|The MGA With An Attitude
Resurection is Not Instantaneous - Attitude MK4
It did bother me some that the $800 purchase price was about 15% to 20% of the price of a new Mustang (in 1977), but considering what I was about to put into fixing it up, a couple hundred one way or the other in purchase price didn't matter much. On close inspection the car had obviously been pranged and straightened (not real well) and bondoed over and repainted at least twice. It was originally Tyrolite Green (light green), sort of pea green and not terribly appealing I guess, as most any MGA would rather be found dead than caught wearing such a color, even then. The first repaint was apparently Old English White, followed by Medium Metallic Blue. No matter anyway, as there would be too many coats of paint, and it all needed to be removed.
When I started kicking it a little, pieces of bondo would fall off here and there, but all in all it wasn't particularly rusty, especially considering how old it was. (Oh, to have those days back again). I already knew the engine had a knock and smoked, so that was going to need a rebuild. Interior was serviceable but tatty, so all new fabrics were going to be in order. But at least it didn't appear to be too badly rusted, being only 19 years old (or maybe 20 considering the production number).
First order of business was to remove the body trim, which shouldn't be much of a chore for such a simple car. The bumpers came off easy as assemblies, the front valance panel was already missing (bummer) and a few broken screws remaining. I tore out a few weld nuts removing the grille, broke some small screws removing the parking lights and a few more removing the headlights, but the tail lights and plinths came off okay. The cowl vents came right out no problem, interior kick panels and door pockets were out in short order, and the windscreen came of with just four bolts and four small screws. Door hinges and striker plates came off with the help of an impact driver, only broke a few screws there, and the nut plates were all removeable anyway. The rag top frame was more of a problem when the cage nuts inside the door post broke loose and turned without releasing the screws, but a few strokes of a hacksaw blade behind the bracket took care of that.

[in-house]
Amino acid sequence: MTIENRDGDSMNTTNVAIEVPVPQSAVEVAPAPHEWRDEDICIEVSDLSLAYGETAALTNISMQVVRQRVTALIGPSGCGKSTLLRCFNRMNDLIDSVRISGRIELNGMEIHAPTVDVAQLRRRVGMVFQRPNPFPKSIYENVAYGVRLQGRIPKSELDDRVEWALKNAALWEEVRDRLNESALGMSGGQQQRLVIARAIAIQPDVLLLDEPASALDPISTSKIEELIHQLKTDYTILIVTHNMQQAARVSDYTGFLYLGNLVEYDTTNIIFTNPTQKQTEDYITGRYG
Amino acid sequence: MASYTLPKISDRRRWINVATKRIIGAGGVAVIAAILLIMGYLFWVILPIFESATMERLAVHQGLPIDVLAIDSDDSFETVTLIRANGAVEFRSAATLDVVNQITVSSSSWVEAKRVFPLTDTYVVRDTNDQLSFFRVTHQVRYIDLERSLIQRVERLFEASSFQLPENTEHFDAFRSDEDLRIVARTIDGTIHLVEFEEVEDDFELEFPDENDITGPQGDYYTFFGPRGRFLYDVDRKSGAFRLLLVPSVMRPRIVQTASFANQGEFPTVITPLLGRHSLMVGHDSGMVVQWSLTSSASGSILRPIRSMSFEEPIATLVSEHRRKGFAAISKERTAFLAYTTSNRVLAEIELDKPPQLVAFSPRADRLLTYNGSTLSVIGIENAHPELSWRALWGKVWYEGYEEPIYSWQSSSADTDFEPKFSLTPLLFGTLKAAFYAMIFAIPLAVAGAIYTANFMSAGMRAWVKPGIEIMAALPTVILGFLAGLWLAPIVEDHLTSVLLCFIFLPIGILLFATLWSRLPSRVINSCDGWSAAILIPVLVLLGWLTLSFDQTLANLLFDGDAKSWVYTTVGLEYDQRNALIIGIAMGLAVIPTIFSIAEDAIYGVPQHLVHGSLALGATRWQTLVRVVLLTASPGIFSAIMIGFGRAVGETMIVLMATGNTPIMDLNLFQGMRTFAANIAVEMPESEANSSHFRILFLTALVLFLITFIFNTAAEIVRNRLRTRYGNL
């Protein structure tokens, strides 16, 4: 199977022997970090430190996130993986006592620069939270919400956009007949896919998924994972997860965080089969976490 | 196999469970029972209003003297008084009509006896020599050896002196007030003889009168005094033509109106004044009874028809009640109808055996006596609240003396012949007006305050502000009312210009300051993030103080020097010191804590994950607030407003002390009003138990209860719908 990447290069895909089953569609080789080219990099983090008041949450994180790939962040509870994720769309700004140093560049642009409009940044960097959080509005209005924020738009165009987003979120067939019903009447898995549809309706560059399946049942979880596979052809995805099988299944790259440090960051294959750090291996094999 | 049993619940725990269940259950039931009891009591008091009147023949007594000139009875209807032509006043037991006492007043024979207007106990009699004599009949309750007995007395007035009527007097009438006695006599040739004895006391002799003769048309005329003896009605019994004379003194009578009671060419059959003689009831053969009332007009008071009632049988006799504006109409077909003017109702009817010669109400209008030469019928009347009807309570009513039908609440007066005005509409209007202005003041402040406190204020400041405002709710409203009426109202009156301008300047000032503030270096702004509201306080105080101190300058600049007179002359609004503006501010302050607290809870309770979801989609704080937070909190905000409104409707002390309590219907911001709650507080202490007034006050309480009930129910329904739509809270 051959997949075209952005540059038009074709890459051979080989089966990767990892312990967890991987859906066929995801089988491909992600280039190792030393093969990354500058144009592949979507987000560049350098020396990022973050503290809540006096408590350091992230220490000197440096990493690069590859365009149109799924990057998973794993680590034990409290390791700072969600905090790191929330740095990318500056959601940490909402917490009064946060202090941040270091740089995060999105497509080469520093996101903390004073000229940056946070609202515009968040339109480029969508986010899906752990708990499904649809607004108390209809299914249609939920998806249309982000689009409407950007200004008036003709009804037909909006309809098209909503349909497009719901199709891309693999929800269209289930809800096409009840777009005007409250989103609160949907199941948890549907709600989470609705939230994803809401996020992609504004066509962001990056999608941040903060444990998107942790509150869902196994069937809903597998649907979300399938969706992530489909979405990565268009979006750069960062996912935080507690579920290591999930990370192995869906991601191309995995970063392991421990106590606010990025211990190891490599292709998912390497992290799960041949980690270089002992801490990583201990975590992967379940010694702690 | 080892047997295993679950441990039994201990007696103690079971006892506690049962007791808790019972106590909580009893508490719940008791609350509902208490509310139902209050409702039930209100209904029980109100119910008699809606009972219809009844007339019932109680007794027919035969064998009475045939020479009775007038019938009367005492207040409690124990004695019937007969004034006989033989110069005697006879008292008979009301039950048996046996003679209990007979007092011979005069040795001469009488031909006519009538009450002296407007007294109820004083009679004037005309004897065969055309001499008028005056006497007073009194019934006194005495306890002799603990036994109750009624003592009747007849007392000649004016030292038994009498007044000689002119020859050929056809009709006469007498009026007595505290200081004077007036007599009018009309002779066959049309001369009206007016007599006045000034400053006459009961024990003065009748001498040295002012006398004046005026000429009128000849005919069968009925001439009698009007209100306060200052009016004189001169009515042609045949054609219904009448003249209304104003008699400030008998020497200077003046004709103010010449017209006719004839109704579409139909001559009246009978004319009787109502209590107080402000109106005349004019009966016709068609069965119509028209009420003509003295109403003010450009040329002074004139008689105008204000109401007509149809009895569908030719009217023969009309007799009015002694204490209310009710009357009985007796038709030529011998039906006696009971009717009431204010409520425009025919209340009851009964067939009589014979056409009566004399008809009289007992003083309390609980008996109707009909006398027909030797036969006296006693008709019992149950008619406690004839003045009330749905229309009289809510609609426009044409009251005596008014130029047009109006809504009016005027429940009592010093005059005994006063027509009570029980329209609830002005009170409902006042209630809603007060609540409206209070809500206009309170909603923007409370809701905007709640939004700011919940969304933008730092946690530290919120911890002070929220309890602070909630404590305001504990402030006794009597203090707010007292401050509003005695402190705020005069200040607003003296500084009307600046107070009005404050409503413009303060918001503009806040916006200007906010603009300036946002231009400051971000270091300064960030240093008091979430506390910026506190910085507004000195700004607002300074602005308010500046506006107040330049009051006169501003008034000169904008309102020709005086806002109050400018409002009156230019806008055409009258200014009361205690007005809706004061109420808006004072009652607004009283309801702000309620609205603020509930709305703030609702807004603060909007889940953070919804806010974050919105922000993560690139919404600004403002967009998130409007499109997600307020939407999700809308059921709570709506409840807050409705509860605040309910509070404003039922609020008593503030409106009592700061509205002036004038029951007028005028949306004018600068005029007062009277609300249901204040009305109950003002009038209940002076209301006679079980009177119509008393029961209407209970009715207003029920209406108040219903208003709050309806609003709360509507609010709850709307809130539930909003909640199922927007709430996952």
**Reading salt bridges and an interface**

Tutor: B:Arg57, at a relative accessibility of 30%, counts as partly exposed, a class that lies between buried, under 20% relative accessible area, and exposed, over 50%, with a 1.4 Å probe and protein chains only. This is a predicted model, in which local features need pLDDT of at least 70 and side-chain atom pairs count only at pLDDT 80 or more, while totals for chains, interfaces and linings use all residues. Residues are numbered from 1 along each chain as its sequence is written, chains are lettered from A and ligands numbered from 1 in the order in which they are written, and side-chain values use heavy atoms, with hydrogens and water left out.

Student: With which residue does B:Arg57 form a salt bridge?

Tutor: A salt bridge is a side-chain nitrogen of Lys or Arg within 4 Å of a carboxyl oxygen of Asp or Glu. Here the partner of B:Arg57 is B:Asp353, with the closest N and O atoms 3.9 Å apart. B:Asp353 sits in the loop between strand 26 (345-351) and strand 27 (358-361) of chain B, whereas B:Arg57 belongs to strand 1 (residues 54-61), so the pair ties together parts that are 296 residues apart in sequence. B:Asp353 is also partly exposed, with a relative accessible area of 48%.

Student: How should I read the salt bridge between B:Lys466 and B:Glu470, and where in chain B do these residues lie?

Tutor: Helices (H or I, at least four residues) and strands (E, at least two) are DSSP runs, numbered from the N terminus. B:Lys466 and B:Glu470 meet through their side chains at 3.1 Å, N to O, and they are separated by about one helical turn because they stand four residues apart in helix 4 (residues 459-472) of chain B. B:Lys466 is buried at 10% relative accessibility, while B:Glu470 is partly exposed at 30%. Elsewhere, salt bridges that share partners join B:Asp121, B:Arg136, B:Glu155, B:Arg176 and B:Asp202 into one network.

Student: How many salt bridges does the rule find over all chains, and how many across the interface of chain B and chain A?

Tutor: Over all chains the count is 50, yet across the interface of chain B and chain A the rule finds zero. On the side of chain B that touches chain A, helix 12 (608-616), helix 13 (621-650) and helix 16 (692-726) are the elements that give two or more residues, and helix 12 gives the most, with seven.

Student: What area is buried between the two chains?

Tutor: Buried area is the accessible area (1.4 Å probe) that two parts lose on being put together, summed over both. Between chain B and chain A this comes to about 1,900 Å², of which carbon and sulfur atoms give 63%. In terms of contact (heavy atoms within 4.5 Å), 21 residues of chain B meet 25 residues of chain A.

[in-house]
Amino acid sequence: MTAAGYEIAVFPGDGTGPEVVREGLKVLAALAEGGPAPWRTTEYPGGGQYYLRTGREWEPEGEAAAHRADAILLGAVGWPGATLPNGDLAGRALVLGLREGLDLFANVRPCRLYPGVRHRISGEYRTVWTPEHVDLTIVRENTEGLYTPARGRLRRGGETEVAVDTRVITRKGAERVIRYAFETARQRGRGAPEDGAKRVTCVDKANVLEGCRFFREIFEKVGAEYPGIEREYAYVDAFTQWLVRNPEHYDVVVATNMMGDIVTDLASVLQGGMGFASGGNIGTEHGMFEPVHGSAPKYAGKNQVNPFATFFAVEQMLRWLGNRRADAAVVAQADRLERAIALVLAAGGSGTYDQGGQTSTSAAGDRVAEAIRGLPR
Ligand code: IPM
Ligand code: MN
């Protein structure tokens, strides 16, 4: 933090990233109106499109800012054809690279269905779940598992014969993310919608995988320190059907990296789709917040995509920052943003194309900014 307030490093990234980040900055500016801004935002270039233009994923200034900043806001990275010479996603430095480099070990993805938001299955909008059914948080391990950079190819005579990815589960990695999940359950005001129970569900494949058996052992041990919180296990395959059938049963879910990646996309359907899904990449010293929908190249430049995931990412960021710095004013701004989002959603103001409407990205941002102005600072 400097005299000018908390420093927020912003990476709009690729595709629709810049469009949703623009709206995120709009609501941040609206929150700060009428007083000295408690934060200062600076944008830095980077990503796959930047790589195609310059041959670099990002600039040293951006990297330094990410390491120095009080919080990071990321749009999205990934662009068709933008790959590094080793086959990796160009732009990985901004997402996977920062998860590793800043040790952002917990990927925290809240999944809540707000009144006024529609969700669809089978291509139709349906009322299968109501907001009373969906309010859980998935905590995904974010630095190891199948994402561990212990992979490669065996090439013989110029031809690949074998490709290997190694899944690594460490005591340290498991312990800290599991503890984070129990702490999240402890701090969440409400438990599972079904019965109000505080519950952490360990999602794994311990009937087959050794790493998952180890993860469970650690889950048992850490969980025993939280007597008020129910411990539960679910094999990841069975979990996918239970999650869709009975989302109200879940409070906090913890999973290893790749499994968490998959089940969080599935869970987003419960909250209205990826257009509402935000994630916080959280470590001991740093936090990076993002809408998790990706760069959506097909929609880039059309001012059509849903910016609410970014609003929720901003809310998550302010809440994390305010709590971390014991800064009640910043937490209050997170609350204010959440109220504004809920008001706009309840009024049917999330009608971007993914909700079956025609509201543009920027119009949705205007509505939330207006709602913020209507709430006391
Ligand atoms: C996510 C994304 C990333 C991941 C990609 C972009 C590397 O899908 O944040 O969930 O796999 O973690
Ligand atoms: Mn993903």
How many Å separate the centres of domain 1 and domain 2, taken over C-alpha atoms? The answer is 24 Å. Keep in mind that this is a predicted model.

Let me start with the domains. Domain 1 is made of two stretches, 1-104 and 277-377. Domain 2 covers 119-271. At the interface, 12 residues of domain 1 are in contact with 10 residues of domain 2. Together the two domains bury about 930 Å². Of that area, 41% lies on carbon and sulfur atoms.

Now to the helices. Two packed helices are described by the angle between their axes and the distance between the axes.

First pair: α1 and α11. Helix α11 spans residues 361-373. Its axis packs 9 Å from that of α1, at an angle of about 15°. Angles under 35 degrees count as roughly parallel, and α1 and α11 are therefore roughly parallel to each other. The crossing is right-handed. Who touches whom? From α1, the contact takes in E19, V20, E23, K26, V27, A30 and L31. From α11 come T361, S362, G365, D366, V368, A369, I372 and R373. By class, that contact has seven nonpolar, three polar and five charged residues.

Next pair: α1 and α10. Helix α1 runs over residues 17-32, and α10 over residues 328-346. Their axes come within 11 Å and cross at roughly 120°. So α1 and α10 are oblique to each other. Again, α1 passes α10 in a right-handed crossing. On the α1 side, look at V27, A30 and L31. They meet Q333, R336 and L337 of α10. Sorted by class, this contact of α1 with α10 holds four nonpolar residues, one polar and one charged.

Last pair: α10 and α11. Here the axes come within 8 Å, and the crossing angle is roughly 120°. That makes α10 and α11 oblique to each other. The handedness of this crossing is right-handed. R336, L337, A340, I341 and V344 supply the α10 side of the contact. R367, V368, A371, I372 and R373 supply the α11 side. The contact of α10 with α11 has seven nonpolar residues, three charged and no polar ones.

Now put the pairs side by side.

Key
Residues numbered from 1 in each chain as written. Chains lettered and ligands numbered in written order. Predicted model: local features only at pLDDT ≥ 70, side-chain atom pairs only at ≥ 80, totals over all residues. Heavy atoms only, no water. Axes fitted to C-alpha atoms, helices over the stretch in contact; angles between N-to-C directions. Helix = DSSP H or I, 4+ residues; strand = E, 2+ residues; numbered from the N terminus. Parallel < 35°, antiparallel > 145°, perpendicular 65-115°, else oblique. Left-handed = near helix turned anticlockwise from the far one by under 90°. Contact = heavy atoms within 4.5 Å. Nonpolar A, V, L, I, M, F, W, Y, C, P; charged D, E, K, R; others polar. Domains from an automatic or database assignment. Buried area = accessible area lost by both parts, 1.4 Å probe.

Six small screws for the bonnet and six more for the deck lid, two bolts for each rear bumper bracket, a few bolts to remove the steering column. Four little screws and 5 bolts to remove the dash, cut all the wires of course, but at least I had the presence of mind to remove the temperature sensor from the cylinder head so not to ruin the temperature gauge. About 10 minutes to find all the bolts to remove the master cylinder and pedal assemblies. Remove wiper arms, a few nuts to release the wiper motor bracket, a few wires, and pull the cable guts out of the drive tube, then a couple of thin chrome nuts to remove the wiper spindles and tubing. Hey, this was going alright, and it was looking pretty bare already. Lots of people would have quit there and just repainted the ouside, but no, not me, I had to be particular. Two hoses and six bolts to remove the radiator. A couple of big hose clamps, one steel tube one wire two small bolts and the fuel tank was off.
Then I removed the shut plates at the strike posts, pulled out all the splash panels, and proceeded to remove the fenders. Lots of bolts there, but mostly hex head type, so they either came out or broke off in fine fashion, and it didn't take too long. Then I groveled around for a while finding about two dozen bolts that held the body to the frame, the last two underheath just aft of the doors, and the body was loose. About that time the missus was hollering about dinner, so I asked her for a hand, and in two minutes the body was sitting on saw horses. I was surprised at how light the body was, maybe 100 pounds at the front and 60 pounds at the rear, but there sat the rolling chassis with frame and drive train still in place. Then a small voice piped up. "Come on, dinner's getitng cold. You been out here for six hours." No kidding. Just six hours from the time it rolled into my garage the body was off. Sure wish it was that easy to put the bloody thing back together.